Input and Output Color Space Conversion There are two other color capabilities of AMD display hardware that were integrated to DRM by previous works and worth a brief explanation here. The DC Input CSC sets pre-defined coefficients from the values of DRM plane color_range and color_encoding properties. It is used for color space conversion of the input content. On the other hand, we have de DC Output CSC (OCSC) sets pre-defined coefficients from DRM connector colorspace properties. It is uses for color space conversion of the composed image to the one supported by the sink. References:

The search for rainbow treasures is not over yet If you want to understand a little more about this work, be sure to watch Joshua and I presented two talks at XDC 2023 about AMD/Steam Deck colors on Gamescope: In the time between the first and second part of this blog post, Uma Shashank and Chaitanya Kumar Borah published the plane color pipeline for Intel and Harry Wentland implemented a generic API for DRM based on VKMS support. We discussed these two proposals and the next steps for Color on Linux during the Color Management workshop at XDC 2023 and I briefly shared workshop results in the 2023 XDC lightning talk session. The search for rainbow treasures is not over yet! We plan to meet again next year in the 2024 Display Hackfest in Coru a-Spain (Igalia s HQ) to keep up the pace and continue advancing today s display needs on Linux. Finally, a HUGE thank you to everyone who worked with me on exploring AMD s color capabilities and making them available in userspace.

22 October 2023

Daniel Lange: Removing the New Event Button from Thunderbird v115 Calendar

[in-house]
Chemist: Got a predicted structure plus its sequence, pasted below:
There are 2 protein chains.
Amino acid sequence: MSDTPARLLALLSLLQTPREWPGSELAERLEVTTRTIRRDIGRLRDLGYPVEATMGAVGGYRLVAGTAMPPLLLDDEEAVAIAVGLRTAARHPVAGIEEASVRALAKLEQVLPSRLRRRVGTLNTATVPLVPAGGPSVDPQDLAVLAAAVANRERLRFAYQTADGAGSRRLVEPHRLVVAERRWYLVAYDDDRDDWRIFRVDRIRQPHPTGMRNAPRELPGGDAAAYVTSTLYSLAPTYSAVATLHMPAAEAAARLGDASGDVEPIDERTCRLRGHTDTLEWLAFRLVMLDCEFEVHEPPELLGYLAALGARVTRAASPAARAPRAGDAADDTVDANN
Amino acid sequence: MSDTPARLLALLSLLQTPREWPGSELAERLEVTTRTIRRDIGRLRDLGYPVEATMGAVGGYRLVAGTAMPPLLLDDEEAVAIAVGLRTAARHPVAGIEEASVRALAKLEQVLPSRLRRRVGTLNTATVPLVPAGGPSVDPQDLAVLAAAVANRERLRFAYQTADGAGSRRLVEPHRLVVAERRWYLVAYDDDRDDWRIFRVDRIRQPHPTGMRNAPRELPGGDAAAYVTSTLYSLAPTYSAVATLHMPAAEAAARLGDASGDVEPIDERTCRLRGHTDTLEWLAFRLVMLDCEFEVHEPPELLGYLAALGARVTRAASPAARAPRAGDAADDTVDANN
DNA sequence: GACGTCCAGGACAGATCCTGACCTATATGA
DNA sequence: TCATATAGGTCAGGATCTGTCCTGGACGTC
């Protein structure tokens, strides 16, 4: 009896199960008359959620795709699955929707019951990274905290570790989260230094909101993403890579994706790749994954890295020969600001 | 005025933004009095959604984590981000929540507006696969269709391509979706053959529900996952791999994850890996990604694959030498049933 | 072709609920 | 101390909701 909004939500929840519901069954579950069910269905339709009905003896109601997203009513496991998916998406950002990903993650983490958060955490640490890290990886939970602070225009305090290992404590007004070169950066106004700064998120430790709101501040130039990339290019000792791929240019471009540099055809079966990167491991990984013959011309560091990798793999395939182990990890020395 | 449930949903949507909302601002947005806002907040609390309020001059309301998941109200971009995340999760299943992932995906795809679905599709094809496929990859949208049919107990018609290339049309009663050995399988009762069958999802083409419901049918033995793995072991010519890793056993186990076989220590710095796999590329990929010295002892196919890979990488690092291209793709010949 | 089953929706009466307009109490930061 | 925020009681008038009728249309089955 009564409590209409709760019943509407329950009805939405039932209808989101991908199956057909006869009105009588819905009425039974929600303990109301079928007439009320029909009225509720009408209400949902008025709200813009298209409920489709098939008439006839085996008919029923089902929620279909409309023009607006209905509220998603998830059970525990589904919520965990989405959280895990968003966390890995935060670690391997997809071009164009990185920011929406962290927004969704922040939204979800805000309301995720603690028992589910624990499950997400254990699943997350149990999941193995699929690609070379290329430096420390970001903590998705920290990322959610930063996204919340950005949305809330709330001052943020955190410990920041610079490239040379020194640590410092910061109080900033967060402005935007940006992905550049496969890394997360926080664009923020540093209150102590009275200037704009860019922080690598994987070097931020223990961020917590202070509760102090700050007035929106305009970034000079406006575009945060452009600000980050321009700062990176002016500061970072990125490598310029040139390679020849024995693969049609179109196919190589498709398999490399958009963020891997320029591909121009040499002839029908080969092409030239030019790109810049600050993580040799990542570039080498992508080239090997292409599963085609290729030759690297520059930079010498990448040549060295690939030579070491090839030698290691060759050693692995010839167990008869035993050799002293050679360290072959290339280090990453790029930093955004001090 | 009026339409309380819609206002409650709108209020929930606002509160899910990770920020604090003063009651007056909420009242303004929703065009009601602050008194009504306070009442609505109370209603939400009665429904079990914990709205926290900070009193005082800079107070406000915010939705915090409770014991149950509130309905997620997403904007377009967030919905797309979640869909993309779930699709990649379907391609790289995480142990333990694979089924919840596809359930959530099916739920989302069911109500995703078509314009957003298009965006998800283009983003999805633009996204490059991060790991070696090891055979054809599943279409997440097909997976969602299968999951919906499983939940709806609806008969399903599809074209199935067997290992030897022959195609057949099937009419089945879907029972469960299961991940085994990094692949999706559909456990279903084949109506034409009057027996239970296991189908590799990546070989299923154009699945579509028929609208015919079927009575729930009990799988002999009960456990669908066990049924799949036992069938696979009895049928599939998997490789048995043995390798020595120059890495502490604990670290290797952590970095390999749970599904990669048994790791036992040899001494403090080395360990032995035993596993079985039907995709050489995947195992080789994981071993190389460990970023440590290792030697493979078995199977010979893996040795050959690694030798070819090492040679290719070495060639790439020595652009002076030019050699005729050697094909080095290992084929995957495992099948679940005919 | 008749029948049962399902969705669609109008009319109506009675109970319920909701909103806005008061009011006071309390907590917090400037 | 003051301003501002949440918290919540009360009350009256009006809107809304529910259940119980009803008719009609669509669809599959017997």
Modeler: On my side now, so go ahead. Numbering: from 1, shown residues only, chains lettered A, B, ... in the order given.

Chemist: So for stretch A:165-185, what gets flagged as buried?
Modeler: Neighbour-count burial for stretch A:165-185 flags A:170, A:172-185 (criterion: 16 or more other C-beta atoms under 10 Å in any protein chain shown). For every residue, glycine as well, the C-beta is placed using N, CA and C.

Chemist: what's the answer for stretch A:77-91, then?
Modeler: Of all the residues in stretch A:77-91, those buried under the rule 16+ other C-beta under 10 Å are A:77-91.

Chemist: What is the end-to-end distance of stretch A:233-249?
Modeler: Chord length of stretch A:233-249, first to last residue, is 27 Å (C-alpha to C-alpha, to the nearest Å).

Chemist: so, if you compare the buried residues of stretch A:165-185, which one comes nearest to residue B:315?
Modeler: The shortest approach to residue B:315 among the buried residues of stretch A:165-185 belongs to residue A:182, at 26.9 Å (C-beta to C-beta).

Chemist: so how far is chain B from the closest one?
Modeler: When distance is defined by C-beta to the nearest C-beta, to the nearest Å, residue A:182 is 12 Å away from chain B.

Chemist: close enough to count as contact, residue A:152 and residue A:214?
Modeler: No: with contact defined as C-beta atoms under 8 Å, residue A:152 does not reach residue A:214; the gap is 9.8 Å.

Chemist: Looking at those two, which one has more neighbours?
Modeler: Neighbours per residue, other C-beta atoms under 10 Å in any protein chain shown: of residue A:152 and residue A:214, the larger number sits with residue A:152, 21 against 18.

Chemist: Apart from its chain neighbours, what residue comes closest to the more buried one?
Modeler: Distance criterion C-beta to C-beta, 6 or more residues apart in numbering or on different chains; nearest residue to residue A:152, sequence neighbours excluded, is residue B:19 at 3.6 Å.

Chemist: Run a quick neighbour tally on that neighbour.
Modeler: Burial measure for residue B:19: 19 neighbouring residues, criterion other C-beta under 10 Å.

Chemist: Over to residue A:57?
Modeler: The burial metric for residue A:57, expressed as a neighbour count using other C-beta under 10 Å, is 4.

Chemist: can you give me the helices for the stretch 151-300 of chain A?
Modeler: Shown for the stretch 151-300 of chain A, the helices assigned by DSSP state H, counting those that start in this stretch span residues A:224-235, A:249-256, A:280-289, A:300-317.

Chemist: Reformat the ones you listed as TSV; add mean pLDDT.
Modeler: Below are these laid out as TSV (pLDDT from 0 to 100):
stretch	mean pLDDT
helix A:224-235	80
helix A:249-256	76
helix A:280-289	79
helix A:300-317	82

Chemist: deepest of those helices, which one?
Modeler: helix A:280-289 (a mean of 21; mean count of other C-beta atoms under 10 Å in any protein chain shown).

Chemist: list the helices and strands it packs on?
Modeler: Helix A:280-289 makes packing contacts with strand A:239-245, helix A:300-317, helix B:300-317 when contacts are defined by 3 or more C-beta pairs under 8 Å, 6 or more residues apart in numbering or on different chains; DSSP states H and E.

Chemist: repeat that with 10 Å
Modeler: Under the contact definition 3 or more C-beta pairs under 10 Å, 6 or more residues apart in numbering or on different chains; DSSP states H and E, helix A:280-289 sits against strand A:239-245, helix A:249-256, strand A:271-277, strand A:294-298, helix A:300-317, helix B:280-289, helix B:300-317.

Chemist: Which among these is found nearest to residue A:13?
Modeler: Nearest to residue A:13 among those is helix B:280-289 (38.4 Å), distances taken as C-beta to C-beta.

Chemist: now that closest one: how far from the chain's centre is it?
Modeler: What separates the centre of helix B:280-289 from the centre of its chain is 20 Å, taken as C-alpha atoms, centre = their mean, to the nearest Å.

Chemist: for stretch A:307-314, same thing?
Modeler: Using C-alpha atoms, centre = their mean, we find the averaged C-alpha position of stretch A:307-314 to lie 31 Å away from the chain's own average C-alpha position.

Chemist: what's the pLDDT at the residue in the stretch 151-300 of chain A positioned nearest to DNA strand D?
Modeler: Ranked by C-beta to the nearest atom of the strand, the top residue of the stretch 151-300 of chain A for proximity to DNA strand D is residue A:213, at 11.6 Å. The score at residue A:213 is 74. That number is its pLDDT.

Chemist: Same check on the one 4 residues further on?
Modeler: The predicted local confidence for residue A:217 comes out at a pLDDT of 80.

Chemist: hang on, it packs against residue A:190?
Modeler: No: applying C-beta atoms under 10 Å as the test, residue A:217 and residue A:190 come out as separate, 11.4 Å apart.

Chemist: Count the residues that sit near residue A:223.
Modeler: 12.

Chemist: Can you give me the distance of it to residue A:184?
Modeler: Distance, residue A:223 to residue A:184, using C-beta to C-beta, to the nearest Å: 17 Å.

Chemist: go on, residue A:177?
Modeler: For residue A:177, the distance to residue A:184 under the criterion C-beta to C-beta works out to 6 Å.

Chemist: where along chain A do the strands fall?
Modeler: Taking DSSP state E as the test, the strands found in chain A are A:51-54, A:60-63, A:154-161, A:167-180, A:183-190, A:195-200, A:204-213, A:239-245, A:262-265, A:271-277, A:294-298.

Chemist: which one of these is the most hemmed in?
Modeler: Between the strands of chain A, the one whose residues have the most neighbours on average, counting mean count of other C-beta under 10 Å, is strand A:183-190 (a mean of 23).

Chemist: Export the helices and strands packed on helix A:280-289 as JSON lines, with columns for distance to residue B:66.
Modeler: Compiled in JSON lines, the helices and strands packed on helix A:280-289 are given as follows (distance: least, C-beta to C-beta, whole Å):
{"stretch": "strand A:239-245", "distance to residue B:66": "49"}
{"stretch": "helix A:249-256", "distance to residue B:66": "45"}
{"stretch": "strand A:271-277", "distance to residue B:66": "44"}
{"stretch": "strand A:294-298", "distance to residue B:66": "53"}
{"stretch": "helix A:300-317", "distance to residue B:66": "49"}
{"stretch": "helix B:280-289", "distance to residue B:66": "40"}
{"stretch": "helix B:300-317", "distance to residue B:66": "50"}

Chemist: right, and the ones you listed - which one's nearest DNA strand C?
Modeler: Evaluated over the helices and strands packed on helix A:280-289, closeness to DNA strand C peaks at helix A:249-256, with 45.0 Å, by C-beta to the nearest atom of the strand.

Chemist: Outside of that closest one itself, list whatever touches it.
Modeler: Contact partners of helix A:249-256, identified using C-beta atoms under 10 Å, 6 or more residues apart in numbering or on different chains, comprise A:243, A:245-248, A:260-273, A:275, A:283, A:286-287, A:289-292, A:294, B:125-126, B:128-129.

Thunderbird in Debian stable (Bookworm) has received Thunderbird v115.3.1 as a security update. With it comes "Supernova", a UI redesign. There is a Mozilla blogpost with a walk-through of the new UI. Unfortunately it features a super eye-catching "New Message" button that - thankfully - can be disabled. Even the whole space above the email folder pane can be recovered by disabling the folder pane header at Burger Menu ( ) -> View -> Folders -> Folder Pane Header. Unfortunately there is no way to remove the same eye-catching "New Event" button for the Calendar view via a UI setting. Thunderbird New event button, German locale This needs a user CSS file to override the button as non-visible. To make it process the user CSS Thunderbird needs a config setting to be enabled:
  1. Burger Menu ( ) -> Settings -> General
  2. Scroll down all the way
  3. Click the Config editor... button on the bottom right
  4. Accept that hell will freeze over because you configure software
  5. Search for toolkit.legacyUserProfileCustomizations.stylesheets
  6. Toggle the value to true to enable the user CSS
You can manually add user_pref("toolkit.legacyUserProfileCustomizations.stylesheets", true); to ~/.thunderbird/abcdefgh.default/prefs.js to the same effect (do this while Thunderbird is not running; replace abcdefgh with your Thunderbird profile ID). Now create a new directory ~/.thunderbird/abcdefgh.default/chrome/, again replacing abcdefgh with your profile ID. Inside the new directory create a userChrome.css file with the following content:
/* Hide Calendar New Event button */
#primaryButtonSidePanel
display: none !important;
Restart Thunderbird. And enjoy less visual obstruction when using the Calendar.

16 October 2023

Wouter Verhelst: New toy: ASUS ZenScreen Go MB16AHP